Wednesday, September 02, 2009

python build bots down... maybe they need a spectacularly adequate build page instead?

Seems the python build bot pages are down. Maybe something simpler is needed instead of build bots? Something that requires less maintenance.


update from svn
compile
run tests if compile completes
upload results to a simple page
(configure(stdout, stderr),
build(stdout, stderr),
test results(stdout, stderr),
binaries).


The beauty of this is that it can be easily de-centralized.

Could even use pypi infrastructure for this now. Each buildbot has a new project setup, which then updates the pypi project each time it builds. Have a special pypi tag(category) for python build bots, so people can easily search for them. To reduce the spam on pypi, just make it mark the releases as hidden... so they don't show up. The results are added to the pypi listing.


Probably only needs one cmd added to the python setup script to do the upload(based on existing pypi code).

No central authority, and very simple. Anyone who wants to run a 'buildbot' can without authority.


Can probably make it all work so the buildbot runner just does a special 'python setup.py buildbot' added to their cron, assuming they are already registered with pypi. So they don't need to setup a special buildbot, just use the existing python source code to do it.


work required:
  • write a script to add a buildbot command. To be added to python source code when finished.
    • uploads the results of the build/test into a .zip file to pypi. The zip contains stderr and stdout of each config, build, test stages. Also contains the resulting binaries. eg, .msi .exe .tar.gz etc.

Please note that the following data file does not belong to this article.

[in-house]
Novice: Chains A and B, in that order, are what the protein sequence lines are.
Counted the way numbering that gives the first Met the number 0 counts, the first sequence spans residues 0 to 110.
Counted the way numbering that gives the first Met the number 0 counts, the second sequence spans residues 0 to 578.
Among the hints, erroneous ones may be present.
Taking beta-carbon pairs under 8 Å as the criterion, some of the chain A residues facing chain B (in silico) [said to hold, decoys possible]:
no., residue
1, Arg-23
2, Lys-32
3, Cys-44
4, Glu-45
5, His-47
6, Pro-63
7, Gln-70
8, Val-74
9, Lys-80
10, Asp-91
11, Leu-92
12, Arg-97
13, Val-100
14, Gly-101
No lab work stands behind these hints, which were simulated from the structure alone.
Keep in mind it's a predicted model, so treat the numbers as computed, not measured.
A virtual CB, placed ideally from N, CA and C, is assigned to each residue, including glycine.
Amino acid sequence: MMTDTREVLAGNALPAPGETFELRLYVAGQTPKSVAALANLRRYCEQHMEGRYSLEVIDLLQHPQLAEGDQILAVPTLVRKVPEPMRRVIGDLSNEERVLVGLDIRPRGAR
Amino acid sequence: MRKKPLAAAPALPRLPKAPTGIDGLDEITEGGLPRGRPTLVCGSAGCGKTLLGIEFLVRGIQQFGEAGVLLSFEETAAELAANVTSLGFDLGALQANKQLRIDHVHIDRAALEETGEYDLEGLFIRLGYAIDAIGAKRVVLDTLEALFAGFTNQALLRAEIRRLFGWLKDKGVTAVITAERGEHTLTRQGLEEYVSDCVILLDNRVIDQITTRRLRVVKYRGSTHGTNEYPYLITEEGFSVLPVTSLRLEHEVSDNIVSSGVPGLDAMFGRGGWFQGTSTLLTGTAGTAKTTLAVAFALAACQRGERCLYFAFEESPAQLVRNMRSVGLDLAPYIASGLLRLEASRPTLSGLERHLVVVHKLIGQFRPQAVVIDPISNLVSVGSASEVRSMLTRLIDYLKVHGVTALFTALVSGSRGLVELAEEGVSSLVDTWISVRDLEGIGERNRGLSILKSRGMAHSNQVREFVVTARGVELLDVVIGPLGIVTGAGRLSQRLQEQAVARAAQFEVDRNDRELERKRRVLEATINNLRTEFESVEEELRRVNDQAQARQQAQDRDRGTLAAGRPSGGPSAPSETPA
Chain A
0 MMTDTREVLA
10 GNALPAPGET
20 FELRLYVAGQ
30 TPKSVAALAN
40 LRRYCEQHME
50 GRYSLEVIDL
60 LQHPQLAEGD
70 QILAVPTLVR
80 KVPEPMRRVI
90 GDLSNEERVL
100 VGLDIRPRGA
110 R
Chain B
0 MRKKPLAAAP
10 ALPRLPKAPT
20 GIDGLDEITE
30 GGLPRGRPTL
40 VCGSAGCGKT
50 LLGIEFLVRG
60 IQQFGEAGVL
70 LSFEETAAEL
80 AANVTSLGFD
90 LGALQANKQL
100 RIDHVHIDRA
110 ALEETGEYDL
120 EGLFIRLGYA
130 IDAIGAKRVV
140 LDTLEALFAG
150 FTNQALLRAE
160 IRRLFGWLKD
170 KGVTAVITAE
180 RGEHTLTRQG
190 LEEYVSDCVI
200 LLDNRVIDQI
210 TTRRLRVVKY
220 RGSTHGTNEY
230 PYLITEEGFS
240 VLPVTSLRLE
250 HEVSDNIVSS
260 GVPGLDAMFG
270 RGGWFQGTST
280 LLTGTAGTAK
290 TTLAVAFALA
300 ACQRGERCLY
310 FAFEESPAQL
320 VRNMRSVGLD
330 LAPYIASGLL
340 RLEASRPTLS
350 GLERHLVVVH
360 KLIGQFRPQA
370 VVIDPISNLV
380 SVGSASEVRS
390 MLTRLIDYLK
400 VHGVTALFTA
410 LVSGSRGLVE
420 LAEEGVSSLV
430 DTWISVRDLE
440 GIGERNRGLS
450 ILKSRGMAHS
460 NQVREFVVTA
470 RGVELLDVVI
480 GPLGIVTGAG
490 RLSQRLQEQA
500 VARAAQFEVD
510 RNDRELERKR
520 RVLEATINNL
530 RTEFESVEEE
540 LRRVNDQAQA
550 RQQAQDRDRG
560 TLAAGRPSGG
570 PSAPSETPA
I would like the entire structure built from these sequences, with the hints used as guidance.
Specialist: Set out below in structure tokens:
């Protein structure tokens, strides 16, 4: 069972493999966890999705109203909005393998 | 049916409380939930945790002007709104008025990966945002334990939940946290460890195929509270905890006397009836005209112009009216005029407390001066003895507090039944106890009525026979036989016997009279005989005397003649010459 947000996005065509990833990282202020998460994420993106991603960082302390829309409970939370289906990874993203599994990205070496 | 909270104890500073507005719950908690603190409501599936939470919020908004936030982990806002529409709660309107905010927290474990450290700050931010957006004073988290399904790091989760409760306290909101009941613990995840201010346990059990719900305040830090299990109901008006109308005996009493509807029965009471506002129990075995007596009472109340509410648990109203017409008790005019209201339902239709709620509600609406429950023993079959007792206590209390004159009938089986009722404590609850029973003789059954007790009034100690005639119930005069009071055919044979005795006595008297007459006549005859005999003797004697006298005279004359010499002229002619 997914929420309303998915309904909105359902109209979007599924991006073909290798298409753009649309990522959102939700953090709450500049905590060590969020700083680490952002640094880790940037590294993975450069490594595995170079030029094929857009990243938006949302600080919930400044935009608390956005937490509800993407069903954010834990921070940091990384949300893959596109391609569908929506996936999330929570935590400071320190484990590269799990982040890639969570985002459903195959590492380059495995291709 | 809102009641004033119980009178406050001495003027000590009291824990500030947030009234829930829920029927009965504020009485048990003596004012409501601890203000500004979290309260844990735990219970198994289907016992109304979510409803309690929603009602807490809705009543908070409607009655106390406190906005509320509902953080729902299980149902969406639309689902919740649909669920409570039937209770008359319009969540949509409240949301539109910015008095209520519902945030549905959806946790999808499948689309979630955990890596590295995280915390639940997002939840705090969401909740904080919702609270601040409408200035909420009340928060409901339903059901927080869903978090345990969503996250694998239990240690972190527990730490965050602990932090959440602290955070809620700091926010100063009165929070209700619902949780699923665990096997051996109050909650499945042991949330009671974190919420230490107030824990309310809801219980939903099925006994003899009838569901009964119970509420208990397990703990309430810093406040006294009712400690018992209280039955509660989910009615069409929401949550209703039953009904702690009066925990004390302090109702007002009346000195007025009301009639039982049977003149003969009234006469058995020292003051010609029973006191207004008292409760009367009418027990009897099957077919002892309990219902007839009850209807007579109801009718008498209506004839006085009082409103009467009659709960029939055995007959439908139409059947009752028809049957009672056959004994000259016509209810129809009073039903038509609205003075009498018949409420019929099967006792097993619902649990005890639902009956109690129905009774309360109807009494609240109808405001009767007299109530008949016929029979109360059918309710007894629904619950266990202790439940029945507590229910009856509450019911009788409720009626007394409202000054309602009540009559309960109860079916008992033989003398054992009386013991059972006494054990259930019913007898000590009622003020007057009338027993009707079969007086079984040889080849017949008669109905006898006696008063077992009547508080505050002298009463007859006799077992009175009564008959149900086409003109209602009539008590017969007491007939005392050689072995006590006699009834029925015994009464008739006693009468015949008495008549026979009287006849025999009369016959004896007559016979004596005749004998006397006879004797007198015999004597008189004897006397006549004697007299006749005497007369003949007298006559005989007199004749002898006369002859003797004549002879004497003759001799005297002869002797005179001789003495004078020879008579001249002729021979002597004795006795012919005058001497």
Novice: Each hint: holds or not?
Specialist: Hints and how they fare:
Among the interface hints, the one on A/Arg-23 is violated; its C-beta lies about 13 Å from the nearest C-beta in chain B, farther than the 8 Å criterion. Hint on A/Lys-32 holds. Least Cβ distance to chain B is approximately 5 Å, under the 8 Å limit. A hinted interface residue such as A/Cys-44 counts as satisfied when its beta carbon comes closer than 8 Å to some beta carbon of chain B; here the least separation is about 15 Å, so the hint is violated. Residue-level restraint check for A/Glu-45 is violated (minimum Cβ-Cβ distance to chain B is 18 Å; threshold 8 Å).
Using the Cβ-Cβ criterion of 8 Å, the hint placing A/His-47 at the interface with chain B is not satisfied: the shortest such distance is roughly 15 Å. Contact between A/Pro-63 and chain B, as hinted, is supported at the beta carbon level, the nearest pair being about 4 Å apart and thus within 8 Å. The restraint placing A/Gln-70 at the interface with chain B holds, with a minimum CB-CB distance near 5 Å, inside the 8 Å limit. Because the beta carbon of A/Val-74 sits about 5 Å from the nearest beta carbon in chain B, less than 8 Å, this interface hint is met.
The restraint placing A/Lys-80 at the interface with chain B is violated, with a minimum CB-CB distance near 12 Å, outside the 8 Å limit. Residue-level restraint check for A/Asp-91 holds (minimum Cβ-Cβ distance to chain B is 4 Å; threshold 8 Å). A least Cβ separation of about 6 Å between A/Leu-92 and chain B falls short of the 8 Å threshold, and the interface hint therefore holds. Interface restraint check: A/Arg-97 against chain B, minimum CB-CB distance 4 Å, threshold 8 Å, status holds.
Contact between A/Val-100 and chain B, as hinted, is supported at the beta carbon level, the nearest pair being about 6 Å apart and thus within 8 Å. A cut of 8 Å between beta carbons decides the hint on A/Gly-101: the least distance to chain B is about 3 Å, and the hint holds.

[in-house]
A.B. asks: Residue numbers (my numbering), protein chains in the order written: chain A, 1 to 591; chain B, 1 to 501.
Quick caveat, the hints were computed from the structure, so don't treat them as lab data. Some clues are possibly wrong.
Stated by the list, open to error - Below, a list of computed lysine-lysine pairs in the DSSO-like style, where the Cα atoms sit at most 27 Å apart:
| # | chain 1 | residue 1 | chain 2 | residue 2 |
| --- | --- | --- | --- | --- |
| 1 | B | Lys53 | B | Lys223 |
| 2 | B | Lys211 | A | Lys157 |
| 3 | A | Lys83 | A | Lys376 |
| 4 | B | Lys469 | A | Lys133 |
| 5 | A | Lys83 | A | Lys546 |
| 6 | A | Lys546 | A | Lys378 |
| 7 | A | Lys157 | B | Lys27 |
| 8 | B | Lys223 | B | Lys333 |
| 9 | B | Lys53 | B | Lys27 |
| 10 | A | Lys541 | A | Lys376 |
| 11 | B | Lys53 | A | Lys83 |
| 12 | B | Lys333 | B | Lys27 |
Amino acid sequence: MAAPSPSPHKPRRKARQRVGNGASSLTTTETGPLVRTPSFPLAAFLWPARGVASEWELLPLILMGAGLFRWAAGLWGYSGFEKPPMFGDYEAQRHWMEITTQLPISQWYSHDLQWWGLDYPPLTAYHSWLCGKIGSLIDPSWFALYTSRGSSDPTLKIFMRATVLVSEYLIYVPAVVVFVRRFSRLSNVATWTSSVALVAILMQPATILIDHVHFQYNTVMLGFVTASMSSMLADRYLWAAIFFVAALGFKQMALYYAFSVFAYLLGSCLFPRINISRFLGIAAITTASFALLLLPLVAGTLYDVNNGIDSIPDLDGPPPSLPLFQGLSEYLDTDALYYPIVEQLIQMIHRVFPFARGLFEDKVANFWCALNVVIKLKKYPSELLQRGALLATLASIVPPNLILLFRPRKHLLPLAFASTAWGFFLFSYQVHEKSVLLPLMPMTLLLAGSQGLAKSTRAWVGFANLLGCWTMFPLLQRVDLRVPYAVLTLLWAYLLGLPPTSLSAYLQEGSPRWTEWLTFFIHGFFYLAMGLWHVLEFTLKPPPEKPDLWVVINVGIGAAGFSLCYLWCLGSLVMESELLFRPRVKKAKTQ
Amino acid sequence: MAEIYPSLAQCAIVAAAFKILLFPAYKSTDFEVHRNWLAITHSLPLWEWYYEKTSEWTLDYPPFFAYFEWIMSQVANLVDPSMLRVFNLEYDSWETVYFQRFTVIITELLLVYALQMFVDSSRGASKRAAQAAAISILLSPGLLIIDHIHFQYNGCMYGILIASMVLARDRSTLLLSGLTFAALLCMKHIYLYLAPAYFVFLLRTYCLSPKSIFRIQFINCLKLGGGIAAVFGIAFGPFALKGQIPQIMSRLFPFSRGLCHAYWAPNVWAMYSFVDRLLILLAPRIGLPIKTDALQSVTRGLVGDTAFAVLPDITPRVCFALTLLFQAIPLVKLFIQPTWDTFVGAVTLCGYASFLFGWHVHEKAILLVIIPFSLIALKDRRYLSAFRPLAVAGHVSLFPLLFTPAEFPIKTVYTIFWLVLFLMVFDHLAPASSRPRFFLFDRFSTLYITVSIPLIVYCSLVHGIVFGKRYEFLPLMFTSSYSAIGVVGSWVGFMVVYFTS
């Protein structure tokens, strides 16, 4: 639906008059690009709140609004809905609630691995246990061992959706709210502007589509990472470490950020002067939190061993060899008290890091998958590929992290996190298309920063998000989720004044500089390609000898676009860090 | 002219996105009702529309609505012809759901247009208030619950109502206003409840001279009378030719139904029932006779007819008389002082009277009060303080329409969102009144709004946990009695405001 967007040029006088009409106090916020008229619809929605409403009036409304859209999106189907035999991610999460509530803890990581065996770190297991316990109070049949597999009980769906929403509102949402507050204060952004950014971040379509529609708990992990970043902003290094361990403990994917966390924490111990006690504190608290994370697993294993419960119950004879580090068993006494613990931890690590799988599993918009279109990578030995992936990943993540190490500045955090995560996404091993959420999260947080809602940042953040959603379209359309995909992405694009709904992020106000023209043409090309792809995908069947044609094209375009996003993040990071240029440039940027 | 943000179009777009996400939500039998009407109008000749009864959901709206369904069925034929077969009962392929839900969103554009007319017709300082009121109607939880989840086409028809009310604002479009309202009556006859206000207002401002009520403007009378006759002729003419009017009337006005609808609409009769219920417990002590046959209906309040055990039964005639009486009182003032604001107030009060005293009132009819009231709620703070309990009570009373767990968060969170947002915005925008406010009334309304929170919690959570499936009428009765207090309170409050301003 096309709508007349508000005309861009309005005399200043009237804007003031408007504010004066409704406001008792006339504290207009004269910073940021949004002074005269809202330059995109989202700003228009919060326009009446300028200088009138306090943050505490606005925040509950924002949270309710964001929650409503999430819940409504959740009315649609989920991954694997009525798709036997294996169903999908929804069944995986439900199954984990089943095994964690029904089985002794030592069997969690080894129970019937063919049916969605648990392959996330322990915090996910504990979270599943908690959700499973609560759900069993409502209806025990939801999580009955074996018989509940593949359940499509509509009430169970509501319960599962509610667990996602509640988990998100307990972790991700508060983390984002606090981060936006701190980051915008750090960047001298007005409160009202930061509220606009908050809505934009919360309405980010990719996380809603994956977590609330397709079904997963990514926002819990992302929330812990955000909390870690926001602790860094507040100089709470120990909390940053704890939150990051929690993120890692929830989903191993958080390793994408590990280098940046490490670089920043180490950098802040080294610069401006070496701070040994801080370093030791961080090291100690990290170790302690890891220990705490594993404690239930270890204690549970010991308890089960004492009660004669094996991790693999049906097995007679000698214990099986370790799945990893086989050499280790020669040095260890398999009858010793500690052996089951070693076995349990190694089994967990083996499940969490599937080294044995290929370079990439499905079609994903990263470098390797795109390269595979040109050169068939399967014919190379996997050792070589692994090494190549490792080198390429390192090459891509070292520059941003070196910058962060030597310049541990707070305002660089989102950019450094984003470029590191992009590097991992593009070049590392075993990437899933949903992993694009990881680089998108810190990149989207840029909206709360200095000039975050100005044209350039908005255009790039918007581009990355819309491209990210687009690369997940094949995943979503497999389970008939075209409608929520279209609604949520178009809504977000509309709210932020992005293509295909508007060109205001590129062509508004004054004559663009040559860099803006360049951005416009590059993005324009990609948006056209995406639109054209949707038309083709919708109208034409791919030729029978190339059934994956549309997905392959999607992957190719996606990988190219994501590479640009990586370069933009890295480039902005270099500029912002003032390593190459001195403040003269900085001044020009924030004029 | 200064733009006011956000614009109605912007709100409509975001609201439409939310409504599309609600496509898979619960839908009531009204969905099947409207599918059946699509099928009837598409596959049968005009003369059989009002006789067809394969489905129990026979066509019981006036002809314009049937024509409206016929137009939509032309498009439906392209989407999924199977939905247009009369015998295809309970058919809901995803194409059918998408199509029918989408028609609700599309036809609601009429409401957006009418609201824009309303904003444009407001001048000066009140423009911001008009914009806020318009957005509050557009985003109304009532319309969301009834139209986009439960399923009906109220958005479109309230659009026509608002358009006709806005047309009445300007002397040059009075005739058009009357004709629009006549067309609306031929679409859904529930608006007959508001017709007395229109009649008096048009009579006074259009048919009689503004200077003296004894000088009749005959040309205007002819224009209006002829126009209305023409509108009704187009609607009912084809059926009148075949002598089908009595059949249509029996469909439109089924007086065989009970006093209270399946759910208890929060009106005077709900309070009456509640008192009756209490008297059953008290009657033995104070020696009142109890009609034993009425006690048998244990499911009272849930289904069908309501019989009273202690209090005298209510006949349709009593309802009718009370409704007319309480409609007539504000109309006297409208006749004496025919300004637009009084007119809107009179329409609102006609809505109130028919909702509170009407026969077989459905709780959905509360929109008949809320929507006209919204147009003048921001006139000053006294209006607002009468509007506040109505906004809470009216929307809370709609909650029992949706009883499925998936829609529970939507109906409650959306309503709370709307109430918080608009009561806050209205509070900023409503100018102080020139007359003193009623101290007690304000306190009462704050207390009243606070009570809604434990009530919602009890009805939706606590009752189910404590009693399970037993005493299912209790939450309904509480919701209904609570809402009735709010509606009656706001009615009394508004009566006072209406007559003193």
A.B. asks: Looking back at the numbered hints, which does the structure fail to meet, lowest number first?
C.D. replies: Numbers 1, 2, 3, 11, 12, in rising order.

• Only update binaries if all tests pass.
    • Updates from svn, and adds the svn revision to the python version.
  • LATER - add pypi category for python build bot results.
  • LATER - write code to parse results from any uploads into that category into one main page with all results listed.
Instead of modifying the python source, this command could be made separately, and then added to python source after it has been proven. Adding it to python source however will mean that anyone can just do a 'python setup.py buildbot'. It turns all of the python developers... and anyone else who feels like helping into a buildbot.

As a bonus people could even use pypi to keep track of python, and not just python modules. It also turns python development into a series of continuous releases, stabalized when the tree decides to pass all the tests.


Something like this pseudo code would work:
 ./configure > config_stdout.txt \
2> config_stderr.txt && \
make > make_stdout.txt 2> make_stderr.txt && \
run_tests.py test_stdout.txt 2> test_stderr.txt && \
upload_build_results.py my_python_buildbot_pypi_page


Anyone else want to finish the script? To add building, and installing into a local directory, and the actual 'upload_build_results.py' to pypi etc.

7 comments:

Jesse said...

Illume; there's a few things wrong here. The first of which is the fact that we still need someone to maintain something, even *if* it is homegrown like the system you describe. Additionally, overloading pypi to act as a buildserver is not a good idea. Let pypi be pypi.

Also, we *need* some amount of authority in this system. We need "official" build slaves representative of certain platforms, and we need some amount of dedicated time on those slaves.

Something lighter-weight than say, buildbot wouldn't be a bad thing - for example titus brown's pony-build system (http://github.com/ctb/pony-build/commits/master) aims to be a simpler, lighter weight CI server.